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Greer Firestone Shows No Signs of Stopping


DT: So you’re resurrecting your Judy Garland show?

GF: I wrote “Judy Garland” in 2000. It was taken from the 1950s and ’60s show called “This is Your Life.” On the show, host Ralph Edwards would surprise Roy Rogers or Jayne Mansfield or Laurel and Hardy. Preachers, teachers and next-door-neighbors would come in. In my conceit, instead of having these people, we would have Liza Minnelli, Frank Sinatra and Dean Martin—they were friends. Judy was kind of a Rat Pack minor. So I wrote Rat Pack shtick that Frank and Dean would say. We did very well with the opening in 2007. We did it at Ninth and Market streets [in Wilmington] in the Delaware Trust lobby. We actually sold out nine nights and received standing [ovations] every time. So I then created the website to sell the shows to community theaters. I made money selling both the [“Gershwin, by George—The 1936 Radio Show”] and my Judy show to community theaters throughout the United States, but I always wanted to do it again locally.


DT: How is that working out?

GF: I have a strong connection to Candlelight Theatre. I was in the second show ever at Candlelight in 1970. The only claim to fame there is I played Joey in “Pal Joey,” and I must have massacred it enough that the show was never brought back in 40-some years. (He laughs.) But Cathy Cloutier, a good friend and senator of my district, is on the board at Candlelight. She is producing it with me. People know a “Carousel” or a “Camelot, ” but a new show like mine might be a tough sell. We finally got two weeks in April and May. We have auditions not only at Candlelight in January, but we’ll have auditions in Philly, too. It’s a paid gig.


DT: Tell us about the show.

GF: It takes place in 1961. It’s a mature Judy, not the “Dorothy” Judy. Obviously, we sing “Rainbow” at the end because we want the teardrops from the audience. The set is very spare. We’re going to have rear-projection. I collected about 60 really cool graphics throughout her life. She started performing when she was 2. There’s a great quote that George Jessel said. This was when she was 13. There were three Gumm sisters. They called her Baby Gumm. Jessel, in fact, suggested the name “Garland,” by the way. He said, “She’s in every way a pre-adolescent at age 12 or 13, but she sings like she’s carrying a torch for Valentino.” I put that in there. I have these really cool graphics of her and Mickey [Rooney]. As I, as the emcee, go chronologically through her life, the rear projection will have these beautiful graphics appear. We have a ton of posters from all the movies. I have to get people who cannot only sing … the only one who dances well is Liza. We’re going to recreate the “Cabaret” sequence. That’s the big dance number. It’s only a five-person show. They have to impersonate these people. That’s going to be the goal. A lot of people can sing the songs, but they have to be able to act like them. It’s going to be fun.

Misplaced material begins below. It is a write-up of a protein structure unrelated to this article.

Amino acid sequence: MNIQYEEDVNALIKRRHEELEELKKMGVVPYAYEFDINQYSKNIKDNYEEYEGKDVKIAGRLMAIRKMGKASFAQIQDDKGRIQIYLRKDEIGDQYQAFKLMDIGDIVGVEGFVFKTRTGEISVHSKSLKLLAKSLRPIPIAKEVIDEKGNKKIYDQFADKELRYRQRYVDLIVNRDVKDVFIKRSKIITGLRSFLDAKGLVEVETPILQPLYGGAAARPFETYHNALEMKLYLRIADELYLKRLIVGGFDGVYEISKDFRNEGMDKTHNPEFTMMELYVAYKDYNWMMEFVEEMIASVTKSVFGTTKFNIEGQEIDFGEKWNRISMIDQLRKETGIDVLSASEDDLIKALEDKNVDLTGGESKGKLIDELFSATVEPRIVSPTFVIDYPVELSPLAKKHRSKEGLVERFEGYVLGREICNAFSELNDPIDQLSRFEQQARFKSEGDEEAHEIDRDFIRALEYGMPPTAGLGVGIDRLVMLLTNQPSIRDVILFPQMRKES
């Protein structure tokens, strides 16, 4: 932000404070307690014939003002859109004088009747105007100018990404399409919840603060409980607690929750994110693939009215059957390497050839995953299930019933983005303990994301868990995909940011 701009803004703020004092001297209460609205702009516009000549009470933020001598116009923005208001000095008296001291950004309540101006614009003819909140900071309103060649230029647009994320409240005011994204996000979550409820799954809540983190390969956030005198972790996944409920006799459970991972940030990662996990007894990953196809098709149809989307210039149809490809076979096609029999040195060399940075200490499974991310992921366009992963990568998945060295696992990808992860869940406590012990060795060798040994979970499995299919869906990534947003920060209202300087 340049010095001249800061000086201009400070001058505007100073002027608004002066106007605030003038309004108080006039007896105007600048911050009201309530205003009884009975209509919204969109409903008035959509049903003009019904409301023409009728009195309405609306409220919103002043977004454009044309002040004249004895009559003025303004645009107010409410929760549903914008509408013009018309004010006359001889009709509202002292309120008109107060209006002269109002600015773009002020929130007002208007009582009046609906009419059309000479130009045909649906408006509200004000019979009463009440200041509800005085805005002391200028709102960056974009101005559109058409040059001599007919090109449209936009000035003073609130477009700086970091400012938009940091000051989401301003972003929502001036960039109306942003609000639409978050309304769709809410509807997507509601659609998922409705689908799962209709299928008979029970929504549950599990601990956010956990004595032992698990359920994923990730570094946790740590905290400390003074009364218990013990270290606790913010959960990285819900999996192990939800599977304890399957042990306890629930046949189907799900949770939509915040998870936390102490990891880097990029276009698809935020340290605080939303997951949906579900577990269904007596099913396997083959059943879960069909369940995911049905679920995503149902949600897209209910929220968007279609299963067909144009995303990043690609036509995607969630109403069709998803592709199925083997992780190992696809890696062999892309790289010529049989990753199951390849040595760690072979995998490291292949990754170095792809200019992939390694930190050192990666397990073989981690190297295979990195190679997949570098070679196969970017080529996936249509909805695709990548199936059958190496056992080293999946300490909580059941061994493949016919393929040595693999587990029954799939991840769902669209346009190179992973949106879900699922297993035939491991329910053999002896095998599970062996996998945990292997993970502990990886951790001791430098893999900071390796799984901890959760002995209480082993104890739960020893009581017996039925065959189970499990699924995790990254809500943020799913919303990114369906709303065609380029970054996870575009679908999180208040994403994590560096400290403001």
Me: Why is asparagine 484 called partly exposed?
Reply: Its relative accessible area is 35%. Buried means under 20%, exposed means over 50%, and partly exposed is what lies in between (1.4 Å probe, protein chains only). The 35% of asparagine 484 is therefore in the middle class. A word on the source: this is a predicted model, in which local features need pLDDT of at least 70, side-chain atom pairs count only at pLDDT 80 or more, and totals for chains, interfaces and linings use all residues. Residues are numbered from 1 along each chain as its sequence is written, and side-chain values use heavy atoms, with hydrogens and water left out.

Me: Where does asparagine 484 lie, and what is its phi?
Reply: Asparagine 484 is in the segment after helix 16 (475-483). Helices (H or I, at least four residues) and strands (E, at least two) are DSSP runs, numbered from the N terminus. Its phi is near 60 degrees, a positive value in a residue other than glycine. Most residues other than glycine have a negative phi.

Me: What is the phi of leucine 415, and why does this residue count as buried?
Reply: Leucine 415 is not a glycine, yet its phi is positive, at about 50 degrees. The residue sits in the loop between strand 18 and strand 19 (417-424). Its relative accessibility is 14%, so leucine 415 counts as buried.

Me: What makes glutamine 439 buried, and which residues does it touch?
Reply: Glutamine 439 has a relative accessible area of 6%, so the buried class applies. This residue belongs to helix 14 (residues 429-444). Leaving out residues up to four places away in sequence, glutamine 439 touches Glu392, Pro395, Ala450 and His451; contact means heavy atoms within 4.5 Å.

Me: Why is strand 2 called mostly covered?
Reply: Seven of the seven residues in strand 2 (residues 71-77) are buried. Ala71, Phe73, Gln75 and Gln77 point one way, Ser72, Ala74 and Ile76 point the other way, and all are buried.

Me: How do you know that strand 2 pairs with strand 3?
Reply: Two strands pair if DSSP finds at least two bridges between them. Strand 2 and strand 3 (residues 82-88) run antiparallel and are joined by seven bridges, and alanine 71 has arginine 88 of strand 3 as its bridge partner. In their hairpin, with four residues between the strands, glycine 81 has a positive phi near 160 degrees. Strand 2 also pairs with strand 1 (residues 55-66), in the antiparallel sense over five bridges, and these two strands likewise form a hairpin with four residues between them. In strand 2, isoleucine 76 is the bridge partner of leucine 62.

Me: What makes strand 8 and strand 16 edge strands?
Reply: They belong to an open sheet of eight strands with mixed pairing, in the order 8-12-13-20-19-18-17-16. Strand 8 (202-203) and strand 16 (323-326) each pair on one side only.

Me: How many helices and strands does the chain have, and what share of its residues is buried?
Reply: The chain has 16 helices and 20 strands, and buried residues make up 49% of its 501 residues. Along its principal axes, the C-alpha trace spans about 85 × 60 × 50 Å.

Note: Firestone’s daughter, Grace, suffered sudden cardiac arrest two days after graduating from Tower Hill School. New Castle County Emergency Medical Services helped save her life. Now a senior at UD, Grace lives with a defibrillator implanted in her chest. As a result of Grace’s experience, Firestone created the nonprofit Heart In the Game to provide free EKG screening for Delaware youth ages 10 to 19.


DT: Tell me about The Grace Firestone Act.

GF: (State Sens.) Bethany Hall-Long and Cathy Cloutier got together every stockholder in the process: Delaware Health and Social Services, the Delaware State Education Association, the nurses and the Delaware Interscholastic Athletic Association. We all got around the table in the past year and a half and we created The Grace Firestone Act. And on Aug. 25 of this year, we met at Middletown High School. Grace was there, and Gov. Markell signed it. The Grace Firestone Act mandates that all coaches have CPR and AED (automatic external defibrillator) certification. It also requires more information from the parents on heart history. There is a module now that the refs have to go through on a two-year basis with regard to understanding symptoms of sudden cardiac arrest—dizziness and those types of things. It was the sixth bill like it in the nation. I’ve read the bills from the other five states. Ours is a much better bill, and I’ve asked Cathy and Bethany to help me promote this nationally.


DT: What’s the latest with Heart in the Game?

GF: We’ve had four screenings, and they were all successful. You probably know about the one boy we found. [During the first screening, doctors recommended a follow-up appointment to a Brandywine High School freshman, who was later diagnosed with a heart condition. All agree that the screening likely saved his life.] I always felt that I would like to expand the mission of Heart in the Game, and we did with the fourth screening [held in December]. We now have four legs for the first time. We’re going to have the AAA Safety Foundation’s Drink, Drive, Disaster as a third station. Kids from 14 on up will be directed toward that. The fourth station is the Nemours project called The Whole Child. This is not just about healthy eating and good habits like that. It’s a concept they’ve created with regard to anti-bullying and getting enough rest—to make a better, healthy citizen and create emotional stability for the child. It’s such a great connection for us.